Down Syndrome Awareness Month reminds us our need to share our experiences of connection with people with an extra chromosome

By Maria V. Gallagher, Legislative Director, Pennsylvania Pro-Life Federation

The young man greeted our party warmly as we walked through the door of a neighborhood restaurant. He approached his tasks with diligence and grace, and made us feel welcomed and special.

The gentleman happened to have an extra chromosome. This did not matter, and should not matter, in a civilized society which respects disability rights.

But the fact of the matter is that the abortion rate for preborn children diagnosed with Down syndrome is extraordinarily high. In fact, it is estimated that most of these precious babies are aborted.

This is the strange dichotomy that faces us as we mark Down Syndrome Awareness Month this October of 2021. On the one hand, the opportunities for employment, education, and social interaction for people with Down syndrome have expanded in the past few decades. On the other hand, these individuals continue to face the ultimate form of discrimination through abortion.

The life expectancy for people with Down syndrome is now more than 60 years of age—a vast improvement over decades past. And yet, so many individuals with an extra chromosome are never allowed the chance at life. This cruelty against a defenseless population must come to an end.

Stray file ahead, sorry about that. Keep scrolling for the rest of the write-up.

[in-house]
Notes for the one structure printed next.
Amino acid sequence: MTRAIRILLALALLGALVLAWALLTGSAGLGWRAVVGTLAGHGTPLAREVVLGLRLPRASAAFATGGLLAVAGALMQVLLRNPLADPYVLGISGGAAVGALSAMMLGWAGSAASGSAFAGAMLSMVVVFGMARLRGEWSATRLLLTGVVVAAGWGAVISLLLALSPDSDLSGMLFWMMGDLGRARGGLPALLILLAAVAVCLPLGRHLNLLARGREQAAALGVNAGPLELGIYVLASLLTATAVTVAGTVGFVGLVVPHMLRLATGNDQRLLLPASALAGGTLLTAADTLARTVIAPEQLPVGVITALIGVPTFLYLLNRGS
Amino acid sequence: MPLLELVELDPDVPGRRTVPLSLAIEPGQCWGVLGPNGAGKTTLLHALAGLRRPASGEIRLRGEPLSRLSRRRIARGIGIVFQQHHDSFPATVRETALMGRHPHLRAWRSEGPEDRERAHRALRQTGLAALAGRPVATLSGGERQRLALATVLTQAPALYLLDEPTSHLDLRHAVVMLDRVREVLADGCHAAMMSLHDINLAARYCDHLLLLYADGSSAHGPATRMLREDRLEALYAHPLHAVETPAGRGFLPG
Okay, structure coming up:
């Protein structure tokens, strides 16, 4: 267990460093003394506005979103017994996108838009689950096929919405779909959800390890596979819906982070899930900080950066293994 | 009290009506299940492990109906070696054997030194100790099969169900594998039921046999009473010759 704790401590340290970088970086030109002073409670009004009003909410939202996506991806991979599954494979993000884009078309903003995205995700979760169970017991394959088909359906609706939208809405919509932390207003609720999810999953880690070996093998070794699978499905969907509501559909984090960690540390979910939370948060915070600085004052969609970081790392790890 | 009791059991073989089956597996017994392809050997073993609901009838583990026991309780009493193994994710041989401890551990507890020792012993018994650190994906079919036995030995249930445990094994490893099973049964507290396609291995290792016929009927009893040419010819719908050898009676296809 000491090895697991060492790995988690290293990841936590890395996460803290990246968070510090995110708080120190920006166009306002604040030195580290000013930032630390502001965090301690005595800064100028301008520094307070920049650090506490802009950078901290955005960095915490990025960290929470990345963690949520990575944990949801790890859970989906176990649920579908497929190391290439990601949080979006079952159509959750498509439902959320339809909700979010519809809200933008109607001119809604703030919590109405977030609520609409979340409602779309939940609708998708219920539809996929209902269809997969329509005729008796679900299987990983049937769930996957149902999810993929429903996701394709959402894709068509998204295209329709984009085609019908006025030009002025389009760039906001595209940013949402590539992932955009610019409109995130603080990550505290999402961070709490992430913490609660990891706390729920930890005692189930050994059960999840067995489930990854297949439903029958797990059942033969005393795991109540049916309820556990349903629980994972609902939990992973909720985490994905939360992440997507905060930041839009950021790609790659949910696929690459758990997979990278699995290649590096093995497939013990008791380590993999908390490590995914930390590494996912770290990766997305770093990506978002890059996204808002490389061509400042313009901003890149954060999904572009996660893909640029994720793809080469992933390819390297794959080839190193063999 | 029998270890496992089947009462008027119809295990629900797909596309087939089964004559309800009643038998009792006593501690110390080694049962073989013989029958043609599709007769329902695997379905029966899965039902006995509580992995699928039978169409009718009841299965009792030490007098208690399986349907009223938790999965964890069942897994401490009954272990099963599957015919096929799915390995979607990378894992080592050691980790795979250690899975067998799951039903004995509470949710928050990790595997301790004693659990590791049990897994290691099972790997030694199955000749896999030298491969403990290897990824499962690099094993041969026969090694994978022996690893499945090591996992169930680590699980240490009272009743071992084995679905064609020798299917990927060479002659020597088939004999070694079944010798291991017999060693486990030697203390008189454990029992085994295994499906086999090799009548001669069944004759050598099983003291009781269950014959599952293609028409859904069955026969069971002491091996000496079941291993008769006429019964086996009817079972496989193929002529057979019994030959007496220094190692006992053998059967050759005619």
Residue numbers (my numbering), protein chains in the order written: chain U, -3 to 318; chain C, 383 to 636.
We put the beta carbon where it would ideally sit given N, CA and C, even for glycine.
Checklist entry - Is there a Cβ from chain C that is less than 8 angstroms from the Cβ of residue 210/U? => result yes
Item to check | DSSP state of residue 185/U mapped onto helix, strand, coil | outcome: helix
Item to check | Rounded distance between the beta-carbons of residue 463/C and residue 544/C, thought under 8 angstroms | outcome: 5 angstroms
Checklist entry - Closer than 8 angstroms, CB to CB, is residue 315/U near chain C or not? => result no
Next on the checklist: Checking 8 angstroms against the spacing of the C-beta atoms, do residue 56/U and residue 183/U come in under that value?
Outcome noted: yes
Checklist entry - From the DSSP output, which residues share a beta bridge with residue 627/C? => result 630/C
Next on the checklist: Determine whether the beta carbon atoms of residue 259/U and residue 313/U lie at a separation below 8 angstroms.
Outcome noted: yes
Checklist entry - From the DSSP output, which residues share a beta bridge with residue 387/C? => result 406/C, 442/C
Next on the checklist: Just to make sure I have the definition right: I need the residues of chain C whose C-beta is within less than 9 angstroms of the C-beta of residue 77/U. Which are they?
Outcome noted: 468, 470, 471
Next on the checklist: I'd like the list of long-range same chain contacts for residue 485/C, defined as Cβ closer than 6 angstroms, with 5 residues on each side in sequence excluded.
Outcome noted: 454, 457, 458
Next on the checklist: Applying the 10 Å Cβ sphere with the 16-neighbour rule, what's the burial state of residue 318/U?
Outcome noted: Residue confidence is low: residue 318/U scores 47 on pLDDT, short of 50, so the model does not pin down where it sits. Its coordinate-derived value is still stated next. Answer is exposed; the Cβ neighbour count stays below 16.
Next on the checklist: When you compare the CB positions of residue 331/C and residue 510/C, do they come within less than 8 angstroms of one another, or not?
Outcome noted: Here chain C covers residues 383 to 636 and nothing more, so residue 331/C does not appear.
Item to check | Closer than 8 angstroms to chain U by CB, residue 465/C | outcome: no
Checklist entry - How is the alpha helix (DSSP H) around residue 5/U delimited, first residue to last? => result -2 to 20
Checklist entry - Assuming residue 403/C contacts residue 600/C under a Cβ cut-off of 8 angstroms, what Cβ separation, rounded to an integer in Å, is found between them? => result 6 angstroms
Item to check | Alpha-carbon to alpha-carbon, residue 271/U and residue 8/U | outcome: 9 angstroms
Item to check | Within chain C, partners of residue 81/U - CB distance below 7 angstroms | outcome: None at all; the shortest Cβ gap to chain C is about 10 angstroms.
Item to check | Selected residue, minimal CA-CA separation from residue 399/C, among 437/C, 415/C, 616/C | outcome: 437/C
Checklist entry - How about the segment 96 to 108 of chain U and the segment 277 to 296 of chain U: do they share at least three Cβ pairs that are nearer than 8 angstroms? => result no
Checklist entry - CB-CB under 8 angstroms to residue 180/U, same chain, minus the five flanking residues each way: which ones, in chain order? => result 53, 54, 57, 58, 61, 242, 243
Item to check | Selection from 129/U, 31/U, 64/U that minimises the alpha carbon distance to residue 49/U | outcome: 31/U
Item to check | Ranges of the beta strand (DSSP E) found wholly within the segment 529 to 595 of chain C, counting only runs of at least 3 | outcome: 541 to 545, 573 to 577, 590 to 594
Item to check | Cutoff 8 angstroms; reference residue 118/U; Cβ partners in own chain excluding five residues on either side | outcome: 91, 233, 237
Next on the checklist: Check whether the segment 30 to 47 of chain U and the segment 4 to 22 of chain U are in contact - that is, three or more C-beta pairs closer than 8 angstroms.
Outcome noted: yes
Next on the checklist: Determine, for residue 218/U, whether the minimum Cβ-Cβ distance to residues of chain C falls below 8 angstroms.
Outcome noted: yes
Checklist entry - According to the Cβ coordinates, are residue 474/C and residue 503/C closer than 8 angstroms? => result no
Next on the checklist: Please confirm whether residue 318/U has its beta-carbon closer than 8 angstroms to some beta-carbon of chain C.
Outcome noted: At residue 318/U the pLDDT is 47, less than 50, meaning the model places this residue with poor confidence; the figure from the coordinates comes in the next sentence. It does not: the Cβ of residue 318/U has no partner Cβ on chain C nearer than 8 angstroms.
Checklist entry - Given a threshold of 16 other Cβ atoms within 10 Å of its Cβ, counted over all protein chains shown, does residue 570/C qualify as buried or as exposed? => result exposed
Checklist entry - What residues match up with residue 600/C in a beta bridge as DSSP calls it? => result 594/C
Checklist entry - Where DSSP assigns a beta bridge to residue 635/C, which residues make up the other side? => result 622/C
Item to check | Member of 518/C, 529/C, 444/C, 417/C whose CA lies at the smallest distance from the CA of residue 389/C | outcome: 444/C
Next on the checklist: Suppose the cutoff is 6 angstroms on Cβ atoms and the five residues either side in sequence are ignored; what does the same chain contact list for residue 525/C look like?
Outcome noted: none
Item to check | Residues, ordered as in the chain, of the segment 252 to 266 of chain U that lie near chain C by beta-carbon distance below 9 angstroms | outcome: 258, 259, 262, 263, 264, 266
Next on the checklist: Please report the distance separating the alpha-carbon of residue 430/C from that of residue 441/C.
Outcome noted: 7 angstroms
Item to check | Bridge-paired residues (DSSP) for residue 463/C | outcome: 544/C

Legislation such as Chloe’s Law, a groundbreaking statute in Pennsylvania, must be championed. This measure ensures that pregnant mothers who receive a prenatal diagnosis of Down syndrome be offered educational materials and support for the special children they hold within their wombs.

Each of us also needs to be part of the educational process. We need to share our experiences of connection with people with Down syndrome. We must bolster a spirit of welcome and inclusivity for individuals with disabilities. We have to shine a spotlight on the incredible contributions people with Down syndrome make to our families, our workplaces, and our communities.

As national disability rights activist Kurt Kondrich, the father of a teenager with Down syndrome, states, we must embrace, not erase, people with Down syndrome. We must live up to the high ideal of America as the land of the free and the home of the brave. For one of the greatest acts of courage in this world is to give birth to an unrepeatable human being, no matter how many chromosomes she has.